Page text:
After President Tweety McTreason erroneously claimed during Thursday night’s debate against Democratic presidential nominee Joe Biden that congressional support for the Green New Deal is limited to “AOC plus three,” Rep. Alexandria Ocasio-Cortez fired back on social media: “It’s actually AOC plus 115.”
“That’s how many House and Senate members have cosponsored the most ambitious climate legislation in American history,” Ocasio-Cortez noted.
Although the New York Democrat has had to contend with dismissiveness of the popular resolution—which seeks to transform the U.S. into a more equitable and sustainable society by simultaneously creating millions of green jobs and reducing carbon emissions—from conservative members of her own party, she tweeted: “I am so deeply proud and grateful for each and every one of my House and Senate colleagues who stand for our future and champion the Green New Deal.”
U.S. House candidates Jamaal Bowman of New York and Cori Bush of Missouri chimed in to note that in addition to the dozens of cosponsors of what Ocasio-Cortez called “the boldest climate plan in U.S. history,” there is a growing number of progressives aspiring to join Congress who would lend additional support to the resolution.
“There’s more than three,” Bowman said on social media. Bush tweeted that “our progressive movement is here to stay, and we’re only getting stronger.”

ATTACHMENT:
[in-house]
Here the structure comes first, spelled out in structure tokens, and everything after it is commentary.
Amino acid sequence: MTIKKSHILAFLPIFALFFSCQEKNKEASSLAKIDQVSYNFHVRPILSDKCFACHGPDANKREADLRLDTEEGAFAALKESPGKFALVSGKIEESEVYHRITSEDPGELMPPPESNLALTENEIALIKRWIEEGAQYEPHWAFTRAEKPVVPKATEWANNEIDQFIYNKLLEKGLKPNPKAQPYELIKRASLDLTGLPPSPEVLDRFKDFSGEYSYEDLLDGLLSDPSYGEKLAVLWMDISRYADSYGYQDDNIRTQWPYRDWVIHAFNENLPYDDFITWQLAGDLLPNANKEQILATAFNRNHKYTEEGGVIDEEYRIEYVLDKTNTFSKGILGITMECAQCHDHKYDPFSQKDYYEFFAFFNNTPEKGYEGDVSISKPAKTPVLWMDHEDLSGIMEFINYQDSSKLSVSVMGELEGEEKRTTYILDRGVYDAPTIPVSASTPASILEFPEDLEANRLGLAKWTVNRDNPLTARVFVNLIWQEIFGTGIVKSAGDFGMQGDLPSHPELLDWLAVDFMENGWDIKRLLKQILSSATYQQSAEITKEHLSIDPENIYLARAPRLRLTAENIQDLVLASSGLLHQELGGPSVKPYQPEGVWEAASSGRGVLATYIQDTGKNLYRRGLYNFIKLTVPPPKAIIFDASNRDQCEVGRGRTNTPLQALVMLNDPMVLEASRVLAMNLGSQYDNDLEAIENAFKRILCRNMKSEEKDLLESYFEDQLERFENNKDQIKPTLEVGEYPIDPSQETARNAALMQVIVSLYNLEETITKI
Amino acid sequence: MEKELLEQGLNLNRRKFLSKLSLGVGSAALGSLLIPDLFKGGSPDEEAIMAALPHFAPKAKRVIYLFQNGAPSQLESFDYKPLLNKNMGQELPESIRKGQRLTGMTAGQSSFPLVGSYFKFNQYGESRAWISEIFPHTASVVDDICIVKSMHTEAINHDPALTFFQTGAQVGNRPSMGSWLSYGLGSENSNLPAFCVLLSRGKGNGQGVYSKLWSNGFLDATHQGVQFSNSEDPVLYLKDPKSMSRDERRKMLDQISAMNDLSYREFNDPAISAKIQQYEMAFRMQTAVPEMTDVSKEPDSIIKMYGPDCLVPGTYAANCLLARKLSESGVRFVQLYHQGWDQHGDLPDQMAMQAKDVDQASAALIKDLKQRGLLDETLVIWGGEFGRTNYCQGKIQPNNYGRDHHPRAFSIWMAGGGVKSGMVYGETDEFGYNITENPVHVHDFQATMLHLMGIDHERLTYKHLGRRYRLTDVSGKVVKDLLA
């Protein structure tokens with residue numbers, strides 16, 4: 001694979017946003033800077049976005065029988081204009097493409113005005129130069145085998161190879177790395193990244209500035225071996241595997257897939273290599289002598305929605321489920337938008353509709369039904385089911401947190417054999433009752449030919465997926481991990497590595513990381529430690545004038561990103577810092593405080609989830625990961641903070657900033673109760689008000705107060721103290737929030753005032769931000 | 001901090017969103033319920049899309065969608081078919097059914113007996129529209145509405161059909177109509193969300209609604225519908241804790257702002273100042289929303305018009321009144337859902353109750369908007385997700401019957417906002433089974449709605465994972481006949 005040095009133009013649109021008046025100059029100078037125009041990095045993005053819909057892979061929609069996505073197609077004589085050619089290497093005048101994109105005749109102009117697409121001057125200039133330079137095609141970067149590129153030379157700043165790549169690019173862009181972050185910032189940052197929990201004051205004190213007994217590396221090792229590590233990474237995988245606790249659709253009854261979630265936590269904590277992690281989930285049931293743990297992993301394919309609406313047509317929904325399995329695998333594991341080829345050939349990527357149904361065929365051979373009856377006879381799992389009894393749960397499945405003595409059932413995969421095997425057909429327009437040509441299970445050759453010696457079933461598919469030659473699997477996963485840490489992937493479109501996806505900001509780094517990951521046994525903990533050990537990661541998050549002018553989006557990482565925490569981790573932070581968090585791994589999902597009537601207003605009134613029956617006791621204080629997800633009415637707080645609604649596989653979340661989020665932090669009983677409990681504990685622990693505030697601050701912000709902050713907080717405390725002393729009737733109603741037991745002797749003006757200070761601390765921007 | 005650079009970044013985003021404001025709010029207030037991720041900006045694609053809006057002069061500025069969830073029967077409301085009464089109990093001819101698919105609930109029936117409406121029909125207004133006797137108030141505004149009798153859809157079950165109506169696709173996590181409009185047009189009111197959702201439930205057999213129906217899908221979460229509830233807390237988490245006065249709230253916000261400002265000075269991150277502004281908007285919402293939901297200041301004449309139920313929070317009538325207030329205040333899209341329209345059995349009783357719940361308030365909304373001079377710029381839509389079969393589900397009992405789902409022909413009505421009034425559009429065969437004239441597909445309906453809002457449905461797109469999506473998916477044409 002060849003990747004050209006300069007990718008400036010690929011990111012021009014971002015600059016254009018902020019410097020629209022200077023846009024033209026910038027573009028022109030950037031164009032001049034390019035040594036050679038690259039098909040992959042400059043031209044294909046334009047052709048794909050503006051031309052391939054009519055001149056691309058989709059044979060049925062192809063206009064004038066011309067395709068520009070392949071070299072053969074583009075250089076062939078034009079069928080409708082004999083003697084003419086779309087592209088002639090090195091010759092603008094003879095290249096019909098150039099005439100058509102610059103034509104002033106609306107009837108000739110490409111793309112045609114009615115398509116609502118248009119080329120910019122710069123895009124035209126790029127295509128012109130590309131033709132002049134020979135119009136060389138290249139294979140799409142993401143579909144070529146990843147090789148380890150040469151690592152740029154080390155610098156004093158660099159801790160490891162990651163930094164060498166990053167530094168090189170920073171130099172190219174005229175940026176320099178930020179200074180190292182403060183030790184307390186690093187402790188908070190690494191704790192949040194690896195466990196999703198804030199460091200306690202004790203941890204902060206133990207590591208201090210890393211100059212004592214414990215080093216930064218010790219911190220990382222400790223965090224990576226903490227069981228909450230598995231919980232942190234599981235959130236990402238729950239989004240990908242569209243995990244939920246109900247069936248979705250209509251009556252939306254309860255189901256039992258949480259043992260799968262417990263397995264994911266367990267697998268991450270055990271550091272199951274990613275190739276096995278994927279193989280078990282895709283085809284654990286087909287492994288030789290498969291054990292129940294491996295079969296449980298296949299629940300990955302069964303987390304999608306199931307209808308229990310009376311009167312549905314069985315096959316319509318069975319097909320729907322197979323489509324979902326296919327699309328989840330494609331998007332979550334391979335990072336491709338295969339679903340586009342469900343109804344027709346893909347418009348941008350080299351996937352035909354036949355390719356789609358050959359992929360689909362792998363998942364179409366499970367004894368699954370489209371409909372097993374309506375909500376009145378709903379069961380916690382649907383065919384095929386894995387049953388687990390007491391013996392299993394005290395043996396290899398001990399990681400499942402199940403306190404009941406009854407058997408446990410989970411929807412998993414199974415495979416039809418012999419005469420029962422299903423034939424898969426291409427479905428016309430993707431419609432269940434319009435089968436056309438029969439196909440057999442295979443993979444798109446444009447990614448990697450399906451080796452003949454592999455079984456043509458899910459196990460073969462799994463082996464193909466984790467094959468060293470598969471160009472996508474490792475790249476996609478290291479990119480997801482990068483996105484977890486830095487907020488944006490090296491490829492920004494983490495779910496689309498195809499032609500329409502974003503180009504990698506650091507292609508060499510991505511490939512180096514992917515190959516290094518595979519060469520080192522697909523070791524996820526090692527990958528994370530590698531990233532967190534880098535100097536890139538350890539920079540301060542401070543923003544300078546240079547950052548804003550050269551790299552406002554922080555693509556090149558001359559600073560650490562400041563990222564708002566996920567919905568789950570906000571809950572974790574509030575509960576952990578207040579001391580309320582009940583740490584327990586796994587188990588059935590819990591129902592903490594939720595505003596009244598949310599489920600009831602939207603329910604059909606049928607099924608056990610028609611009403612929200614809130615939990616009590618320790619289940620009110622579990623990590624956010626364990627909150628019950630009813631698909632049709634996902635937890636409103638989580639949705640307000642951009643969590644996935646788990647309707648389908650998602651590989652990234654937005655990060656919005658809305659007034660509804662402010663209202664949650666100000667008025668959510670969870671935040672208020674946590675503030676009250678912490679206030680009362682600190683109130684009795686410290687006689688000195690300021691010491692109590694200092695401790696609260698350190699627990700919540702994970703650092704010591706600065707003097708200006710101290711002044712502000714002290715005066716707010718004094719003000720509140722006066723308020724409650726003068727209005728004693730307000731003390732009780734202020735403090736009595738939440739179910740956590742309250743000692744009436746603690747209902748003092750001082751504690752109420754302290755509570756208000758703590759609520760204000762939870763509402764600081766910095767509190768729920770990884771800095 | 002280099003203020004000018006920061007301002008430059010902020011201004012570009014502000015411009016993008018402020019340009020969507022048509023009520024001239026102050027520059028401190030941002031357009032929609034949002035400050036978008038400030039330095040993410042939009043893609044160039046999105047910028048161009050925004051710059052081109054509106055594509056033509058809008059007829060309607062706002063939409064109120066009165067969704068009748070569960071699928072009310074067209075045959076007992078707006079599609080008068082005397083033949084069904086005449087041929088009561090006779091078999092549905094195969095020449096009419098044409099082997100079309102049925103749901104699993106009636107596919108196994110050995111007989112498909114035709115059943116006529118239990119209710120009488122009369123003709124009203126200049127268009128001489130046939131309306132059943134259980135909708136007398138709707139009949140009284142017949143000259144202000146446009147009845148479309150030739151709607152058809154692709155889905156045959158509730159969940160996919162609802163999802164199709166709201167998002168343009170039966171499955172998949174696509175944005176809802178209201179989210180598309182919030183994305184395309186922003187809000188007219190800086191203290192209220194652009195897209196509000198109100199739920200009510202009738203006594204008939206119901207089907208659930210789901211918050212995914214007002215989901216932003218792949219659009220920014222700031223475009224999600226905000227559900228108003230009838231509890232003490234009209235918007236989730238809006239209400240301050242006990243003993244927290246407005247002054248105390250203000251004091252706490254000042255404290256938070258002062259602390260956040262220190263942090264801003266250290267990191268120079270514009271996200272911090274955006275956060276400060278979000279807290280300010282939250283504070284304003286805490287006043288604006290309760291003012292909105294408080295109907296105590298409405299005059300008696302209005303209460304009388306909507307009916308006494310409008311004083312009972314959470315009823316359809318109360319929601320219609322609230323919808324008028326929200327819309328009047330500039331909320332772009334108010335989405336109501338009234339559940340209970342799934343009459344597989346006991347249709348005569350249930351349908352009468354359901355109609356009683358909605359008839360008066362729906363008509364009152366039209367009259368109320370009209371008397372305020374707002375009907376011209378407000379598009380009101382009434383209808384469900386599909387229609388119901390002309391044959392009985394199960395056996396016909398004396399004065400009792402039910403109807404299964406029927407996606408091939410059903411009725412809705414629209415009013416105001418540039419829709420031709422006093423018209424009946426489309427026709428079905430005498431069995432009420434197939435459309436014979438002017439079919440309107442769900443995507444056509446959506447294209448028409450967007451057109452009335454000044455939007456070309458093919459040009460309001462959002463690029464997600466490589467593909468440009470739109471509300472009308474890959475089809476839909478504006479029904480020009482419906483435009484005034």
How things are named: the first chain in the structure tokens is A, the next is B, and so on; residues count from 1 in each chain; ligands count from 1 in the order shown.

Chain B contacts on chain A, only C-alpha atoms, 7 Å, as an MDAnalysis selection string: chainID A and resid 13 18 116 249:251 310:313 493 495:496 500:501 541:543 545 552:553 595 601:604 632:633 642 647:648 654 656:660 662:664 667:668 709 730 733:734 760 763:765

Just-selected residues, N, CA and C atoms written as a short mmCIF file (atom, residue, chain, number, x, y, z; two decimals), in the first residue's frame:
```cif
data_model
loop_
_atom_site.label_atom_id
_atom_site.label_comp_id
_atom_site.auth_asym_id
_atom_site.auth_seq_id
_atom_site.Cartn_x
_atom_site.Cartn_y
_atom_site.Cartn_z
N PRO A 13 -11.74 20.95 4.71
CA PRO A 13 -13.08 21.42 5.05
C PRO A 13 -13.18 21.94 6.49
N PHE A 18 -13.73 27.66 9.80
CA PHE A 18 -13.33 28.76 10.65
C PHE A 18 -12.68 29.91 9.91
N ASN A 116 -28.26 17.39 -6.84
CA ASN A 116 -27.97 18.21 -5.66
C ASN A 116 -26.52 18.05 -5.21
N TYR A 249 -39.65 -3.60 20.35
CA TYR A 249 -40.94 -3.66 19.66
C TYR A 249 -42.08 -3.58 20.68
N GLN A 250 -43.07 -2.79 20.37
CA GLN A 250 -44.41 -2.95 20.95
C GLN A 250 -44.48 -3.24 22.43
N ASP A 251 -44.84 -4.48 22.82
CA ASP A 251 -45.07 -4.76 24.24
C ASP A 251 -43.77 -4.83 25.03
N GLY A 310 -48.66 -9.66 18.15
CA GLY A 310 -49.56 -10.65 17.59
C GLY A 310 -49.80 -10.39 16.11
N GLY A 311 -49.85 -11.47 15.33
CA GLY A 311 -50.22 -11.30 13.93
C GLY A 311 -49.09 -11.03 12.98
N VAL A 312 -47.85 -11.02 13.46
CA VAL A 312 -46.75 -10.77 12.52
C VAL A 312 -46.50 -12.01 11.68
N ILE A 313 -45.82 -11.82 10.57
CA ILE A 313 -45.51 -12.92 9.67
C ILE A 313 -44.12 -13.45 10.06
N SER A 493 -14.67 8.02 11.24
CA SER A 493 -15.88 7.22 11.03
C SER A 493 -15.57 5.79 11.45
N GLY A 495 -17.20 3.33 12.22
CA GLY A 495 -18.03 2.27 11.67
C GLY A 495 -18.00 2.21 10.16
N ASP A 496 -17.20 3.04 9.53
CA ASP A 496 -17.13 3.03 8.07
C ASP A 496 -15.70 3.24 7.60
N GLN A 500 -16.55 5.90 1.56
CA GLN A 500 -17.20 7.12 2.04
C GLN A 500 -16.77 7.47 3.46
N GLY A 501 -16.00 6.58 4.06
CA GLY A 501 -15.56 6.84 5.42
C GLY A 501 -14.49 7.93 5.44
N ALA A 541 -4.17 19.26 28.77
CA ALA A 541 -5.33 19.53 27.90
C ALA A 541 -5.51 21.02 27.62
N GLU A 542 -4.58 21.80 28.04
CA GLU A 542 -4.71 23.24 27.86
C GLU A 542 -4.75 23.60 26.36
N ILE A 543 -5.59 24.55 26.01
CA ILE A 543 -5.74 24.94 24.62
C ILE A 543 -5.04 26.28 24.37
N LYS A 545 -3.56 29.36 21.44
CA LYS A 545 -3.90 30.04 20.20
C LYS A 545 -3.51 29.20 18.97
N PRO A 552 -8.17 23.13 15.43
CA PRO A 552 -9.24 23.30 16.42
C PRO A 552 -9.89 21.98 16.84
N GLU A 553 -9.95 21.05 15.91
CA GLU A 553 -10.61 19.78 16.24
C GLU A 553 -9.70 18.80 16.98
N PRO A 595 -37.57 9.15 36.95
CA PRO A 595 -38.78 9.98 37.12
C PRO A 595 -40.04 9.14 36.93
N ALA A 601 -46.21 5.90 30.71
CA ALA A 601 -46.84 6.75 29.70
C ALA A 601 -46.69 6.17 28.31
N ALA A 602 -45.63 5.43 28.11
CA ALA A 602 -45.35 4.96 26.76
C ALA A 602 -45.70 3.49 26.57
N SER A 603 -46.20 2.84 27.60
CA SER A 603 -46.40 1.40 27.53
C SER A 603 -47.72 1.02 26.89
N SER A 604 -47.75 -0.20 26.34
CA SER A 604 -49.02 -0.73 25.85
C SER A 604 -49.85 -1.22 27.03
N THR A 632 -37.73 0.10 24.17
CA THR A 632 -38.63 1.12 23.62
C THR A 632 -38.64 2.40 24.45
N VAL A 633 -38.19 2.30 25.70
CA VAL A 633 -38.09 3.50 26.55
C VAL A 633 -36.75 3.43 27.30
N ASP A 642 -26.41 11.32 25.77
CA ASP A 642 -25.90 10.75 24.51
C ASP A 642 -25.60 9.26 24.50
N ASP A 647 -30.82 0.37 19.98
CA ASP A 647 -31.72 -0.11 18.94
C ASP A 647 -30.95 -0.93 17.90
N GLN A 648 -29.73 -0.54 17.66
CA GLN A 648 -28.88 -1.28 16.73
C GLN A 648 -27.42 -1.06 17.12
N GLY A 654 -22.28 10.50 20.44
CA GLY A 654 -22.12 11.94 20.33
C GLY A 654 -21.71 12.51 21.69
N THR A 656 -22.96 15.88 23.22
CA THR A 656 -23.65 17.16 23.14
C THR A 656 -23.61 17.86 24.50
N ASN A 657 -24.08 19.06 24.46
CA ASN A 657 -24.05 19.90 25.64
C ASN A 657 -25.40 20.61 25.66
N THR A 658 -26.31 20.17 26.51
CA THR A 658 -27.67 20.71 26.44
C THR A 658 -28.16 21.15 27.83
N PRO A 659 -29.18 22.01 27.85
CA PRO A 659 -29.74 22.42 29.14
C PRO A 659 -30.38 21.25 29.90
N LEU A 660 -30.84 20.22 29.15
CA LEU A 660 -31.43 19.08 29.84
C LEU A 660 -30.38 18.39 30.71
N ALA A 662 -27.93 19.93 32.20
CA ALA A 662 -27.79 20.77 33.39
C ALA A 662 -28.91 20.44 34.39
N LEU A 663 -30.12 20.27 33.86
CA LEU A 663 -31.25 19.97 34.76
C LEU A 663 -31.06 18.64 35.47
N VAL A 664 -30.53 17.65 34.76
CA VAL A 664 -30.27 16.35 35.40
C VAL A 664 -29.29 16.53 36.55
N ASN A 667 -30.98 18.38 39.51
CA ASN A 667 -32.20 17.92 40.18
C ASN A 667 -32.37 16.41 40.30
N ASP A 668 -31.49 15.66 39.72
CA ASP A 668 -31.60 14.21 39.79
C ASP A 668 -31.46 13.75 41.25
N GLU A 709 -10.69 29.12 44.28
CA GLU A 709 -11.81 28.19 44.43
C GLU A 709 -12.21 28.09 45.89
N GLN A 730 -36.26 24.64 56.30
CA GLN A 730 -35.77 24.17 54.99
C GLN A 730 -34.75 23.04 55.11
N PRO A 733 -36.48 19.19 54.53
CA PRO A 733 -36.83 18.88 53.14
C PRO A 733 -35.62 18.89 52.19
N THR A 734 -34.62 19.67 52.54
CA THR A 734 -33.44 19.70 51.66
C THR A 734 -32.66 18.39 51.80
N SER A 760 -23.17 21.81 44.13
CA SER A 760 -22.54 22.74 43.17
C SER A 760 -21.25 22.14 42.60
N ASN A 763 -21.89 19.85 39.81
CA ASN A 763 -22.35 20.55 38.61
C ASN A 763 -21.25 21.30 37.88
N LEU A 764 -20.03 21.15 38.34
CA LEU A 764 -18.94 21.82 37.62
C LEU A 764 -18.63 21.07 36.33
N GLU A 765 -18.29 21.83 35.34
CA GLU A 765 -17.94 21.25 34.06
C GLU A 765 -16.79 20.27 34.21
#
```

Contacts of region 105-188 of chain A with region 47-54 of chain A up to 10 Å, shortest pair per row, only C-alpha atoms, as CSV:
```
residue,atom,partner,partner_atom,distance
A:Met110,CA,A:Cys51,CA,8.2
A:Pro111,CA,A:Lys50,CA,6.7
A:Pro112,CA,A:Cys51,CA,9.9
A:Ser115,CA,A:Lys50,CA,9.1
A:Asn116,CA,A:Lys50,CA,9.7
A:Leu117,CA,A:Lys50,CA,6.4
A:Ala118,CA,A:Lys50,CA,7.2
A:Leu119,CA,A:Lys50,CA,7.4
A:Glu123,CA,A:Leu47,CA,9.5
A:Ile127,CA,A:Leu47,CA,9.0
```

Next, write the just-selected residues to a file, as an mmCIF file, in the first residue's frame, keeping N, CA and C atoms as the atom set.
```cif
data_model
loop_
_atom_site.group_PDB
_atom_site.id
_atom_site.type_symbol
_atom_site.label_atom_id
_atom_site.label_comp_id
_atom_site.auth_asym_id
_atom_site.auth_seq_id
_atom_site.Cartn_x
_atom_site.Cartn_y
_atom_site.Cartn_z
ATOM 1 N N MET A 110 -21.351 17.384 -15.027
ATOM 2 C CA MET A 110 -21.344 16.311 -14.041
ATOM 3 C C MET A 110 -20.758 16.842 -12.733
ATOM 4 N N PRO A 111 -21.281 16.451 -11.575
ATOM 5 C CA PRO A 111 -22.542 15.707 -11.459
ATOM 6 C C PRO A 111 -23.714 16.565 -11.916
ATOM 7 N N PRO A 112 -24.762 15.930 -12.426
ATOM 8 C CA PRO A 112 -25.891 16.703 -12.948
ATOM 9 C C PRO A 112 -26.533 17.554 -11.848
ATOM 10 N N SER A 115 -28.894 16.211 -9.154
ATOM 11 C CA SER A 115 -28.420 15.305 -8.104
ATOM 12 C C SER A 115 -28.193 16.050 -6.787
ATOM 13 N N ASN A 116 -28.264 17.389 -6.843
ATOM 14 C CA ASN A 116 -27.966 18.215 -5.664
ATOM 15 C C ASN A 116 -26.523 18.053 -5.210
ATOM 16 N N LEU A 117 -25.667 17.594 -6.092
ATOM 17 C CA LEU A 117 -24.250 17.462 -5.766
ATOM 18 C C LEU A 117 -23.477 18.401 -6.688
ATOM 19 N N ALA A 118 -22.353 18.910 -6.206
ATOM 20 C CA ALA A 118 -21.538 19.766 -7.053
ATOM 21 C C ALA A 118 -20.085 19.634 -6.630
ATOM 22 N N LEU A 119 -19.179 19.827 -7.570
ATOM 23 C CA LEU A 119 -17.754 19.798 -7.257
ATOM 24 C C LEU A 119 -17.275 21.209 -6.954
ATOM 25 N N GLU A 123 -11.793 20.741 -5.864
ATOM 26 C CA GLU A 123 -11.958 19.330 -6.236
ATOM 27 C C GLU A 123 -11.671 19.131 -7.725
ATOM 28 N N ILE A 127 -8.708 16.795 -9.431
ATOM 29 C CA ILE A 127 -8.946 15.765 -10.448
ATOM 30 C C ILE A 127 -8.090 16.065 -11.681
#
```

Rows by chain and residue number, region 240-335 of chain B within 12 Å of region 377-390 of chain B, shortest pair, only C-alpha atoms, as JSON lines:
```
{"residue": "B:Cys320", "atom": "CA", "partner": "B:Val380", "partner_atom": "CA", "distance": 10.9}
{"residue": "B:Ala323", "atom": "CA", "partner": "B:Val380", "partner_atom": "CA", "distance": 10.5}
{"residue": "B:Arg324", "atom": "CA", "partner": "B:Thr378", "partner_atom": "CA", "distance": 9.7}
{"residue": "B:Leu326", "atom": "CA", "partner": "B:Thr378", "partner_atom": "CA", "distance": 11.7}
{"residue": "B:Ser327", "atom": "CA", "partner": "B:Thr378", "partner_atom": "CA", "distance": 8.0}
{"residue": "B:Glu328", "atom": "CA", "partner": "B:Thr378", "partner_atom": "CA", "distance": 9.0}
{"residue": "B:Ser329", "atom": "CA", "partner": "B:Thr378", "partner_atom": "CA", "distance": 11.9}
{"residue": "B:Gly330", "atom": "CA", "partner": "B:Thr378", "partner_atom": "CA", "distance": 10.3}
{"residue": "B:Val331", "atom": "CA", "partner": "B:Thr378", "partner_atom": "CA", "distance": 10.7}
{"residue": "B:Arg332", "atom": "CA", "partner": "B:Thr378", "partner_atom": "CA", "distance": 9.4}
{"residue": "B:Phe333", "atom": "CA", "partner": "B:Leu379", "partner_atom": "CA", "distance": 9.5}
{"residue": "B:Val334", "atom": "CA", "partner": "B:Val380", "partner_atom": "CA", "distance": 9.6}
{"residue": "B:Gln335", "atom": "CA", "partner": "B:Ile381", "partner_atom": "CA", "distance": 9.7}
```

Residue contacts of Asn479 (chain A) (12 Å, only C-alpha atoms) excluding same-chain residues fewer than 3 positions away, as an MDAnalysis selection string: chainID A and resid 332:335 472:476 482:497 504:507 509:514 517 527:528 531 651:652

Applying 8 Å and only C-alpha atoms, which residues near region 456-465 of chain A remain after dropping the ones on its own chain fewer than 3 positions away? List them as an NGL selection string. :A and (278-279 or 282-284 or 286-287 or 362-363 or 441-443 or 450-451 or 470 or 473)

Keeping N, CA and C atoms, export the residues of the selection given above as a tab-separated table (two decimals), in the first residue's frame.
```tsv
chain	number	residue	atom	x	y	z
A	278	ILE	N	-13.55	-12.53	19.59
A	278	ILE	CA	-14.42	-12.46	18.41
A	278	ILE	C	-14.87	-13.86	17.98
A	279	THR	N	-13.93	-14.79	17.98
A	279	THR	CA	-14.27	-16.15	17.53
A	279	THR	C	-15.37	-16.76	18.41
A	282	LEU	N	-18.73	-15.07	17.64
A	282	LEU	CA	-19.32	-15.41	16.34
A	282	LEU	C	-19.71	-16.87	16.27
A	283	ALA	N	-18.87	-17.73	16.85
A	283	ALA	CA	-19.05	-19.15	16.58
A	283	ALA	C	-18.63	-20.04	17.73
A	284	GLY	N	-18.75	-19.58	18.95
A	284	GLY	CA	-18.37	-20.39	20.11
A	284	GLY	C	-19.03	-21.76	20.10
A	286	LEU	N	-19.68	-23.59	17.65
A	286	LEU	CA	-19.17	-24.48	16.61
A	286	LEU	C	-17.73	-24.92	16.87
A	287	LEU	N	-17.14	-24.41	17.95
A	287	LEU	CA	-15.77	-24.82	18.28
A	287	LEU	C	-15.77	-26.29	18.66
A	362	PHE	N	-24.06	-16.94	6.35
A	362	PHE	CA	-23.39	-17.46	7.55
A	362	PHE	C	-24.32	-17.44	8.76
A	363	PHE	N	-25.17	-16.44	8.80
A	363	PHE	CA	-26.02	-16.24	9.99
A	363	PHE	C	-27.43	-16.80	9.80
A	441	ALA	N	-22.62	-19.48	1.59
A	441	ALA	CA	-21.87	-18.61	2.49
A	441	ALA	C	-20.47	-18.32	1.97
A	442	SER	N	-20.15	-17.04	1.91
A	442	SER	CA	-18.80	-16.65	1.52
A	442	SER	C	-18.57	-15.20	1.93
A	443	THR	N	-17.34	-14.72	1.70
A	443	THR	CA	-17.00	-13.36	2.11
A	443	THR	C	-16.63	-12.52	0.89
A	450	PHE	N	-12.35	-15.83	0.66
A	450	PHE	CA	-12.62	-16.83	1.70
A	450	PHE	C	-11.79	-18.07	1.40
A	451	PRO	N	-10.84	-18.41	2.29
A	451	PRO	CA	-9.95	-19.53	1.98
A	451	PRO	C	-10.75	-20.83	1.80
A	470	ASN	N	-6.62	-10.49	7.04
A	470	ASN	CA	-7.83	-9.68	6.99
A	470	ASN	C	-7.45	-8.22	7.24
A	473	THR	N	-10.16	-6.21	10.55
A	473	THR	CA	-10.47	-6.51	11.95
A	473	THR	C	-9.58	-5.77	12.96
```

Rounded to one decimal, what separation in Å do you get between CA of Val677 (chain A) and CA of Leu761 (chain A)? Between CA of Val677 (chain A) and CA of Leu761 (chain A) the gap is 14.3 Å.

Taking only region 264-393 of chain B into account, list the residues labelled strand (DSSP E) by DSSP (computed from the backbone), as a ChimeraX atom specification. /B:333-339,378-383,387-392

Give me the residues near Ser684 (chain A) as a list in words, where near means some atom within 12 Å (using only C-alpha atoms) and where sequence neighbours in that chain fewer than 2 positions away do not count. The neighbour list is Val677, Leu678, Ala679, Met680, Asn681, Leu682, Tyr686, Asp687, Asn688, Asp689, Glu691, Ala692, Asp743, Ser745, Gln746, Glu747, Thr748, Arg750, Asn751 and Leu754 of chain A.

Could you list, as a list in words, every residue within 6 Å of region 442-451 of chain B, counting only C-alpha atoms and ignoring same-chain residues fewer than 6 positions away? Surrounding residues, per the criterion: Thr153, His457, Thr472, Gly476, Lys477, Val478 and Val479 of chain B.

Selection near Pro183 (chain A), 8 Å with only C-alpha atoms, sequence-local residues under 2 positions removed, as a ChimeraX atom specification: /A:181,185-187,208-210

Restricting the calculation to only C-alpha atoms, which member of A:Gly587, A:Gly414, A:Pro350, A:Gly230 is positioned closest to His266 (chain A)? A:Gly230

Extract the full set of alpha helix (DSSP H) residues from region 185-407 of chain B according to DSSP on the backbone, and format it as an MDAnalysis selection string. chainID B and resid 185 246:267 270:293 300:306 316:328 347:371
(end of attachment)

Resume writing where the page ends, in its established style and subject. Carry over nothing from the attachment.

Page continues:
“No matter who occupies the White House,” she added, “we need progressive champions in the People’s House.”
The Green New Deal, which Ocasio-Cortez earlier this month described as “a massive job-creation and infrastructure plan to decarbonize and increase quality of work and life,” is not just endorsed by 116 lawmakers.
Despite being “lied about nonstop,” the congresswoman noted, the resolution remains popular among the electorate as well.
A 2019 survey conducted on behalf of 350 Action and Data for Progress found that the Green New Deal, summarized as “policies that would transition the U.S. economy from fossil fuels to clean energy sources and drive job-creating investments in infrastructure and communities,” was supported by 59% of the nation’s voters while only 28% opposed it.
More recent polling done last month by The Guardian and VICE News revealed that a growing share of the U.S. population favors stronger climate policies. Seventy percent of voters back government action to address the climate crisis, three-quarters want the U.S. to generate all of its electricity from renewable sources by 2035, and almost two-thirds reported being more likely to pick a candidate who favors a complete shift from dirty to clean energy.
While Biden has distanced himself from the Green New Deal label, a majority of voters support his proposal to invest $2 trillion over four years in energy efficiency, solar, wind, and related projects, according to Data for Progress.